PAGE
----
Joe Ruby on the American Mega Man cartoon!

Joe Ruby!Okay, a little backdrop first. A few years ago, Matt Karpowich (of the Obscure Transformers Website, among other projects) got in touch with Joe Ruby of Ruby-Spears Productions for some interview stuff. Knowing I was a Mega Man fan, I got the chance to do a dedicated set of questions based on the MM cartoon. Some interesting tidbits came from it, but for one reason or another, neither interview got published.

Until now.

So here we go. Here’s one of the big boys of animation, co-creator of Scooby-Doo, answering a few questions (and debunking a few rumors!) on the American Mega Man cartoon. Enjoy!

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When did the cartoon series first begin early production?

JR: 1994

Capcom had said that the series was originally to follow the Japanese character designs from the games. But at the time, test audiences didn’t care for the look, so the character designer was tasked with coming up with several different looks for the main characters. Can you elaborate on this process, and what other styles were tested?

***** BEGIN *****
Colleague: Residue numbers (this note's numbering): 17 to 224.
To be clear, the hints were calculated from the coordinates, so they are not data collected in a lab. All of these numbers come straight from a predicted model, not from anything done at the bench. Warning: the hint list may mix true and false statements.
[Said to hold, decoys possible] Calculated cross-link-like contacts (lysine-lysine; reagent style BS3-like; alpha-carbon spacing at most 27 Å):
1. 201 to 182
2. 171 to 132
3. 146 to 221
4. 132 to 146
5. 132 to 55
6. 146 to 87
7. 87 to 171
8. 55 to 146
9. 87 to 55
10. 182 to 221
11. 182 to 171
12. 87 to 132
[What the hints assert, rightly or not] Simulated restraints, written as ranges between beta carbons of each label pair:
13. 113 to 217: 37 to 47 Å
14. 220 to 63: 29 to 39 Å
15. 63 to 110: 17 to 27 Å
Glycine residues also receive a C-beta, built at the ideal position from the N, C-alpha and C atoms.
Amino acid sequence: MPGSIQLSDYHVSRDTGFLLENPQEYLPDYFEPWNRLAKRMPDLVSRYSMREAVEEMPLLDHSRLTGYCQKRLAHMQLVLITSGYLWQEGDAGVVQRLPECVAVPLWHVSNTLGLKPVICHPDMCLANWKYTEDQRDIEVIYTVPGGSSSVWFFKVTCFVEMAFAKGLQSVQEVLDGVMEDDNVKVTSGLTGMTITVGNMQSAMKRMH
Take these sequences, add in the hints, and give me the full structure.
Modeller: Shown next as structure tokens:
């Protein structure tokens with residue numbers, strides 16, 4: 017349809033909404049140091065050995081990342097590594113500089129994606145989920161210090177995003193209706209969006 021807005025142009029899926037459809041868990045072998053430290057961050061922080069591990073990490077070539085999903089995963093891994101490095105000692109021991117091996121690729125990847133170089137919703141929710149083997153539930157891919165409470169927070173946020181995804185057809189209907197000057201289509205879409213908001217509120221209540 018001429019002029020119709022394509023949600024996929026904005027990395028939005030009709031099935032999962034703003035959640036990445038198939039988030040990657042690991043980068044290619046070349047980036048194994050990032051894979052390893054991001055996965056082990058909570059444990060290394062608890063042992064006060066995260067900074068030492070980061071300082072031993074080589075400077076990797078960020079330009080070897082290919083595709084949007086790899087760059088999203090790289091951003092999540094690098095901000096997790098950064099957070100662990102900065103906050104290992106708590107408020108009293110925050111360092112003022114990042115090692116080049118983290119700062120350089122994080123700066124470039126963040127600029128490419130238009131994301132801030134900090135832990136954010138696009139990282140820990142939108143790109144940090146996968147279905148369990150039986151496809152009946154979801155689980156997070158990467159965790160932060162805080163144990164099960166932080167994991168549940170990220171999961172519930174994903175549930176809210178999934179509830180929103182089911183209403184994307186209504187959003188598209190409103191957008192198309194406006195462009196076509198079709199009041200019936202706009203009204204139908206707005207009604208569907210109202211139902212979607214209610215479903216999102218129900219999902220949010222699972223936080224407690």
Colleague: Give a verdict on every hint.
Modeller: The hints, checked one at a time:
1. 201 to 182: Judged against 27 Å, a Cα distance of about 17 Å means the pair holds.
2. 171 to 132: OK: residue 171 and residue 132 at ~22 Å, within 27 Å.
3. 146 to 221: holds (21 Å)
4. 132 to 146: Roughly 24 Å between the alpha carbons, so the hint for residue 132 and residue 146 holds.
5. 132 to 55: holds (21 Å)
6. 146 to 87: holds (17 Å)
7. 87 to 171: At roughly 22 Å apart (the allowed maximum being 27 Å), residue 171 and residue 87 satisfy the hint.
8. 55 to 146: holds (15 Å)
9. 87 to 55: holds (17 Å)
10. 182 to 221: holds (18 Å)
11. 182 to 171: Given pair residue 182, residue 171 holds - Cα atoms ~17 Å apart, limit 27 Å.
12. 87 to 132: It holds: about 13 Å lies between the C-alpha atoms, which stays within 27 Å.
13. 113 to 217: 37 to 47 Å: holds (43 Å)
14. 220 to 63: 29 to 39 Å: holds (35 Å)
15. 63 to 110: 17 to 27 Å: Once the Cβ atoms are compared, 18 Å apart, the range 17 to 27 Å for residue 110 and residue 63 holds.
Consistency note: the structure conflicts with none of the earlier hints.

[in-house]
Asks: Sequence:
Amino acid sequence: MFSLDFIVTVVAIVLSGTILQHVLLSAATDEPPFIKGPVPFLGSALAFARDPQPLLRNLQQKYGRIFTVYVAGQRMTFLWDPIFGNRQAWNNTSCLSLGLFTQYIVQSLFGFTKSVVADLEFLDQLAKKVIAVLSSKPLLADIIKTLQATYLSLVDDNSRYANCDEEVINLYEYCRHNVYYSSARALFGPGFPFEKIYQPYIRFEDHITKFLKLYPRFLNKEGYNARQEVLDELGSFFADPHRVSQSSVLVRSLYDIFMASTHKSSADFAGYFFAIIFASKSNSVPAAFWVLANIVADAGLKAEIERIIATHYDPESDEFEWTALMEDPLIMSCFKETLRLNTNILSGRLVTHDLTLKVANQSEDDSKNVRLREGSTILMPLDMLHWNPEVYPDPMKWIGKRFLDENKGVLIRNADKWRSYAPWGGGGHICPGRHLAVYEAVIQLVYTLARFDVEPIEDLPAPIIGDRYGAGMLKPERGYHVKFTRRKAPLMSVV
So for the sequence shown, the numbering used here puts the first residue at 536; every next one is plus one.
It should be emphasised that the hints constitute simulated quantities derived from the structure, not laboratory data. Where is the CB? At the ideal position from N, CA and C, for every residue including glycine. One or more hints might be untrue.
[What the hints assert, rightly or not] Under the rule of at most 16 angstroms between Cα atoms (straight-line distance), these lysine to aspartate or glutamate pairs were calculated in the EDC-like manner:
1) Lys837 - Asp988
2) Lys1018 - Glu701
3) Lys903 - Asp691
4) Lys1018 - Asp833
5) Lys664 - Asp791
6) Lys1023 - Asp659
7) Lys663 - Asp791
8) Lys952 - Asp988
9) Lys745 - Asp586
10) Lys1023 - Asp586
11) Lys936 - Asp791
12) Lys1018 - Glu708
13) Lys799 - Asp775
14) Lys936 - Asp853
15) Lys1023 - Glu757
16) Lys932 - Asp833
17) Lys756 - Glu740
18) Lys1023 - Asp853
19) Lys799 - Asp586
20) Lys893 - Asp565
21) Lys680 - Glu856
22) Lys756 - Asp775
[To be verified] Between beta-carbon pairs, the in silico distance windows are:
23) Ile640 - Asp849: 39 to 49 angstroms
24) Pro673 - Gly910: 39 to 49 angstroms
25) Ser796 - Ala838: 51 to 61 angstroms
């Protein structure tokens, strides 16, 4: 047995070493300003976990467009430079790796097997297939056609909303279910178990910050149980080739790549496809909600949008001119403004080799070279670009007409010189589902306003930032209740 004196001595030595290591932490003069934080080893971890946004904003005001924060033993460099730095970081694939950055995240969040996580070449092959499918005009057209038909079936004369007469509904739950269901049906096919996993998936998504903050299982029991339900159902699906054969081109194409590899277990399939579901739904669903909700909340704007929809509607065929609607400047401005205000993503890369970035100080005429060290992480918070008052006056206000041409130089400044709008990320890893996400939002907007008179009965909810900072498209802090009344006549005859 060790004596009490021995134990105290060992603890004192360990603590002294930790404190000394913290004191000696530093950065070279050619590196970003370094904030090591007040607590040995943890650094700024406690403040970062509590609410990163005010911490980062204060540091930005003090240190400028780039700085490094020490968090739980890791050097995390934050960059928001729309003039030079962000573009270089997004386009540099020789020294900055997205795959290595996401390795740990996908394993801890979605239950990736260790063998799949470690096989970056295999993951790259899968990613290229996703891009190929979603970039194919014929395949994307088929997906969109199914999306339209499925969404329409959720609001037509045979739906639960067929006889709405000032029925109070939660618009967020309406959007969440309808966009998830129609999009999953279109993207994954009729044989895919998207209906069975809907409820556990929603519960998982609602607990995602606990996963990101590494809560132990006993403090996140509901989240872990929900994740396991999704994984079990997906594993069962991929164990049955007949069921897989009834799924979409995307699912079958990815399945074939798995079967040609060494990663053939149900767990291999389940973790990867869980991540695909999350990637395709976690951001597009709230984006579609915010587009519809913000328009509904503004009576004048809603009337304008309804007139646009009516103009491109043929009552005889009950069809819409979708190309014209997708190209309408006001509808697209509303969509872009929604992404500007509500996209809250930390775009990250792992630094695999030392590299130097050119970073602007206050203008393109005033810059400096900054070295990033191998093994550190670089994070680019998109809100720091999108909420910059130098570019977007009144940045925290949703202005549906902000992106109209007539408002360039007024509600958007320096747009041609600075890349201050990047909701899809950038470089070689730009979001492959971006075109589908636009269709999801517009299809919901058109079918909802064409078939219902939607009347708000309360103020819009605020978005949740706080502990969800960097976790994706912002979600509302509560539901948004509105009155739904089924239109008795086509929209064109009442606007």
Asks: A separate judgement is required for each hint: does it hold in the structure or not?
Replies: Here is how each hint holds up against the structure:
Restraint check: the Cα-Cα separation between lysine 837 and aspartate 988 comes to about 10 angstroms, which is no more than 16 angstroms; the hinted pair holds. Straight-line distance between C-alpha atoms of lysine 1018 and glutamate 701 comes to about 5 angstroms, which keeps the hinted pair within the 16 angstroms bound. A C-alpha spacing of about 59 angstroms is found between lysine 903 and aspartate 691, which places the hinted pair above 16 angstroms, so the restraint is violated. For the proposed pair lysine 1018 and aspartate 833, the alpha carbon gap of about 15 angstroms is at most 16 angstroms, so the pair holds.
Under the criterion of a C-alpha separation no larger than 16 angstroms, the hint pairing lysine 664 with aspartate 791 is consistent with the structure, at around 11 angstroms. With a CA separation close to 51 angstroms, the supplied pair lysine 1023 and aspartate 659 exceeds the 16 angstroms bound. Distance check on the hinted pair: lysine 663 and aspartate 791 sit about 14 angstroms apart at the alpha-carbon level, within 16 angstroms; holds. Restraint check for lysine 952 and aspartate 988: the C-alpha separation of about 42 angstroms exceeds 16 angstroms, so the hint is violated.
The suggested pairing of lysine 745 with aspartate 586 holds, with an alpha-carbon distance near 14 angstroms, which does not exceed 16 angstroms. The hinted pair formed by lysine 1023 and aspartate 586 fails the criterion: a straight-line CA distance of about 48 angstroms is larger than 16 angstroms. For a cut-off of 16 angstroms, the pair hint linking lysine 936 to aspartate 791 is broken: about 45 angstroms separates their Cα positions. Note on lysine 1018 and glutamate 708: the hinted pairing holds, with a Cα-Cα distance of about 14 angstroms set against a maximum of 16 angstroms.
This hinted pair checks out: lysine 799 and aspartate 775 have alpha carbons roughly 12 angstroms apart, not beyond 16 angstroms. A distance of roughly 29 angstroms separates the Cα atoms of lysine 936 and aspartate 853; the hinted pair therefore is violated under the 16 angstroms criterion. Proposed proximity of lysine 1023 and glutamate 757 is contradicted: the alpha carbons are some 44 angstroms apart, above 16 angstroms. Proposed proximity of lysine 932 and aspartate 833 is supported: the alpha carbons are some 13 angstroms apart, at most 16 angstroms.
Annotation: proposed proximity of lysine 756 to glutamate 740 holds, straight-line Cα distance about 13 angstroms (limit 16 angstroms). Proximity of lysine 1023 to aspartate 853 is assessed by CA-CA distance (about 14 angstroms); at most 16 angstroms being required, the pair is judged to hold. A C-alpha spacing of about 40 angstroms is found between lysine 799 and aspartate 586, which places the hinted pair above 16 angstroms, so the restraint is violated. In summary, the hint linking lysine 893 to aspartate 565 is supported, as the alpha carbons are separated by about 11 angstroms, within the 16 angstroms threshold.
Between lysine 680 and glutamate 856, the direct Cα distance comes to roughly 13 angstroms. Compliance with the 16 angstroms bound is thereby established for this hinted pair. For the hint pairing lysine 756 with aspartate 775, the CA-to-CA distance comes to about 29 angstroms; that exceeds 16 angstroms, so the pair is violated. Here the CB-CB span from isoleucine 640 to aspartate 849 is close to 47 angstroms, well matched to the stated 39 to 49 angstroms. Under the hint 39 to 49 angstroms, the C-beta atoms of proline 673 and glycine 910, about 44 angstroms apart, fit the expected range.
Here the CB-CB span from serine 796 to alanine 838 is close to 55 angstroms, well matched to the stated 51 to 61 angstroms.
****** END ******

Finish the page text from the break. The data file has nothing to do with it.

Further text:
JR: As I recall, the only designs we saw were of the original MegaMan. We felt he was too young for our audience, so we made him a teenager and proportioned him as a well-built athlete type.

Had you started this project, say, a year later, do you think that Japanese animation’s growing stylistic acceptance would have changed the way the series was made?

JR: Not necessarily. The concept was not hard adventure, but a lighter action series with some comedy, done in a retro 1980’s style.

What reference material was used when developing the series? Were you given any of the Japanese comics to look at, or simply the US games and artwork?

JR: There were no comics, but written material about the game and its characters, both present and future. Also, we were given all the character artwork that appeared in the games, and copies of the U.S. games.

MegaMan’s trademark is his ability to use the weapons of his beaten opponents. One aspect of this ability is that he changes color when he uses one of his enemy’s weapons in the games. Was this dropped from the cartoon simply for the sake of the animators?

JR: Yes. Especially with so many characters colored red, black and yellow, it would get visually confusing in animation. What we did is have an animated effect as MM absorbed the enemy’s power into his “power arm.”

What prompted the decision to make ProtoMan a villain? Even though he was painted as one in the MegaMan 5 game (which would have been the most recent game when the project was started), it was revealed to be a frame-job by Dr. Wily, the series’ perennial villain.